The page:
Sharing is caring!

The following live and work in Canada article is a guest post by Aimee

Hands up who wants to earn money whilst you travel? No, I’m not talking about becoming a digital nomad (but, that’s pretty awesome too). I’m talking about getting a working holiday visa and working whilst travelling through countries like Australia, New Zealand and Canada.

Sounds awesome right?! In this piece, I’ll focus on the Great White North a.k.a Canada. Offering all my best insider tips on how to successfully work & live in Canada on a working holiday visa.

I love the freedom a Working Holiday Visa offers. Me and my now husband have been travelling together since the start of our relationship.

Since 2013, we have lived and worked in Australia, Canada and New Zealand on a working holiday visa. And personally, our experience living & working in Canada was one of our most memorable experiences to date.

Why Should You Get a Working Holiday Visa to Canada

Well, the obvious point is that Canada is a stunningly beautiful country. Known for its love of the great outdoors and home to the famed Lake Louise, Banff & Whistler to name but a few.

There are certainly worse places to spend two years.

View of Vancouver

Granville Bridge view

And although the process for a working holiday visa to Canada can be a lengthy (and at times stressful process). This visa offers you two years to work in Canada up to the ripe old age of 35.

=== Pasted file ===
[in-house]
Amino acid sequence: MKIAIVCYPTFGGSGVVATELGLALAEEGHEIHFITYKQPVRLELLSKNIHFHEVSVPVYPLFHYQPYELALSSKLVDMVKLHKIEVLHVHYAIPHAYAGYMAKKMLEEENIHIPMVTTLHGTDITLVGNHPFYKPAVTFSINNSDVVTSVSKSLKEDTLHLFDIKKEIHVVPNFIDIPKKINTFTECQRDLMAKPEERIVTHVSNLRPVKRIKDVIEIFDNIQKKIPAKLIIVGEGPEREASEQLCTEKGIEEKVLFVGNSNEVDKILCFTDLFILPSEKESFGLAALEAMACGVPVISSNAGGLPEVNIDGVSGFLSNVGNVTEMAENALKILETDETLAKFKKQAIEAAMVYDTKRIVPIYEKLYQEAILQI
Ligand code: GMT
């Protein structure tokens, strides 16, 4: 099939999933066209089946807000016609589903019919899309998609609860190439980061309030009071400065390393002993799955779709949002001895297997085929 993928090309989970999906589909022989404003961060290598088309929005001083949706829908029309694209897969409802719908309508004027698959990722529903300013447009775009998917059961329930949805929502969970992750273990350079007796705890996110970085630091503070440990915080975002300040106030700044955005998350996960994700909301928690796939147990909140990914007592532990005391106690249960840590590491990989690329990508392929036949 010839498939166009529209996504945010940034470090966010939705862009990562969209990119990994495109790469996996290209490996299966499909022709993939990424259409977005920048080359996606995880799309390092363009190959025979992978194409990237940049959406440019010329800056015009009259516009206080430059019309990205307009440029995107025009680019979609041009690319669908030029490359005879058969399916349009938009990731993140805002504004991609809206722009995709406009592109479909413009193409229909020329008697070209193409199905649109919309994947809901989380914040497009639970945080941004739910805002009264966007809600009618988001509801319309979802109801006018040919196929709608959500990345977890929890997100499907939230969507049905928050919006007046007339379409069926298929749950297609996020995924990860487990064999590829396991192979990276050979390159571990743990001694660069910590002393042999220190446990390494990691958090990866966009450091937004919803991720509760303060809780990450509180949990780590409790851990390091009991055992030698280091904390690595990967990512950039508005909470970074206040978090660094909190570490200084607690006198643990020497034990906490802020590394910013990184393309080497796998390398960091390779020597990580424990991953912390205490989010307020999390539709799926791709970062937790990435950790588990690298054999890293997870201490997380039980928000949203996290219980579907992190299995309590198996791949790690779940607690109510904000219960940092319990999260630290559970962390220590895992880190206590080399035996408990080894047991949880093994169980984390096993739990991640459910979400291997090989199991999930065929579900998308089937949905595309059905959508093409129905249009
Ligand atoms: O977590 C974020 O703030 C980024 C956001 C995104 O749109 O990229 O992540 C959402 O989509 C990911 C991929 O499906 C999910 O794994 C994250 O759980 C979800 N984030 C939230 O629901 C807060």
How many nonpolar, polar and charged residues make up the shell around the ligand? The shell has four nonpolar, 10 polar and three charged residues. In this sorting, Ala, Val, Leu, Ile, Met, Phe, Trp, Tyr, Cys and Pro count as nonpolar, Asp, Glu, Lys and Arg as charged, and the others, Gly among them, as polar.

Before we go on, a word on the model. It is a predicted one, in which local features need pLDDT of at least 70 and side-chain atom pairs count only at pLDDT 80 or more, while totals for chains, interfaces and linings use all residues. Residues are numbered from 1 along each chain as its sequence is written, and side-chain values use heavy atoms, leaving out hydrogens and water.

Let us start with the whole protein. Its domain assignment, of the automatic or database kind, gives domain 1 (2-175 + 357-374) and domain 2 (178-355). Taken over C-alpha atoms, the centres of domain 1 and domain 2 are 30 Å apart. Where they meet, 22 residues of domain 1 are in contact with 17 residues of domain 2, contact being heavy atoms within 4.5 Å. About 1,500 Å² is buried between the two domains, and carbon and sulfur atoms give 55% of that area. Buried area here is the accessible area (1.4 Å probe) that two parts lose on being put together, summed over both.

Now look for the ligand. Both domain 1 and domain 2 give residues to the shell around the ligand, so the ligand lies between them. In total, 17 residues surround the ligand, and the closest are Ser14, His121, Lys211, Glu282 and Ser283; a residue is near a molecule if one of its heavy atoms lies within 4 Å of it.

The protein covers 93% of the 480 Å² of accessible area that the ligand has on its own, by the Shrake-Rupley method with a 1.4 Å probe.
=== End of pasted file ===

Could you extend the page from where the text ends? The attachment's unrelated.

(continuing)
You can work for the same employer for that entire time if you wish, and you don’t have to do regional or farm work to get your second-year visa (unlike Australia).

Why I Moved to Canada

At the time me and my husband made the decision to move to Canada, we were both living and working in Australia on the now defunct 457 visa. We both knew that as much as we loved our ‘home base’ of Sydney we were ready for a change and were keen to experience somewhere new.

Having Canadian friends in Sydney made us keen to relocate as they spoke so highly of their home country. This combined with the fact that a working holiday visa to Canada was relatively easy to obtain made it an easy decision.

We decided on Vancouver as our city of choice, it seemed to have everything we were looking for – the perfect blend of city, mountains and the beach. Another major factor in choosing Vancouver over Toronto or Calgary was it’s milder winters.

After living in Sydney we weren’t sure we could handle the well-below freezing winters of the eastern seaboard. And despite Vancouver being one of the most expensive cities in Canada, we just knew we could make it work.

How to Work in Canada

It is quite a time-consuming application process but, I promise it’s worth it in the end. The official name for the Canadian working holiday visa is the IEC Working Holiday Visa Program.  Now, settle in potential expats because this is a long read.

Here’s how to be accepted to the IEC Working Holiday Visa Program. You must:

  • Have a valid passport for the entire duration of your stay in Canada, so if your passport expires a year after entering Canada that’s only how long your visa will be for. Ensure you have at least 3 years left on your passport at the application stage.
  • You must have a recent bank statement proving that you have  CAD$2,500, you will typically only be asked for this on landing in Canada.
  • You must have private health insurance for the entire length of your visa.

Part One of the Application Process:

  • Complete the Come to Canada questionnaire on the Government of Canada website.  If you meet the criteria, you’ll be given a personal reference code. Enter this code to create your IEC account.
  • Fill in and submit your profile and choose the pool(s) you want to be in. Then, it’s a case of waiting to be selected, as you’ll need to receive an Invitation to Apply to continue the process. It’s a frustrating wait as the numbers in the pool can greatly exceed the number of permits available.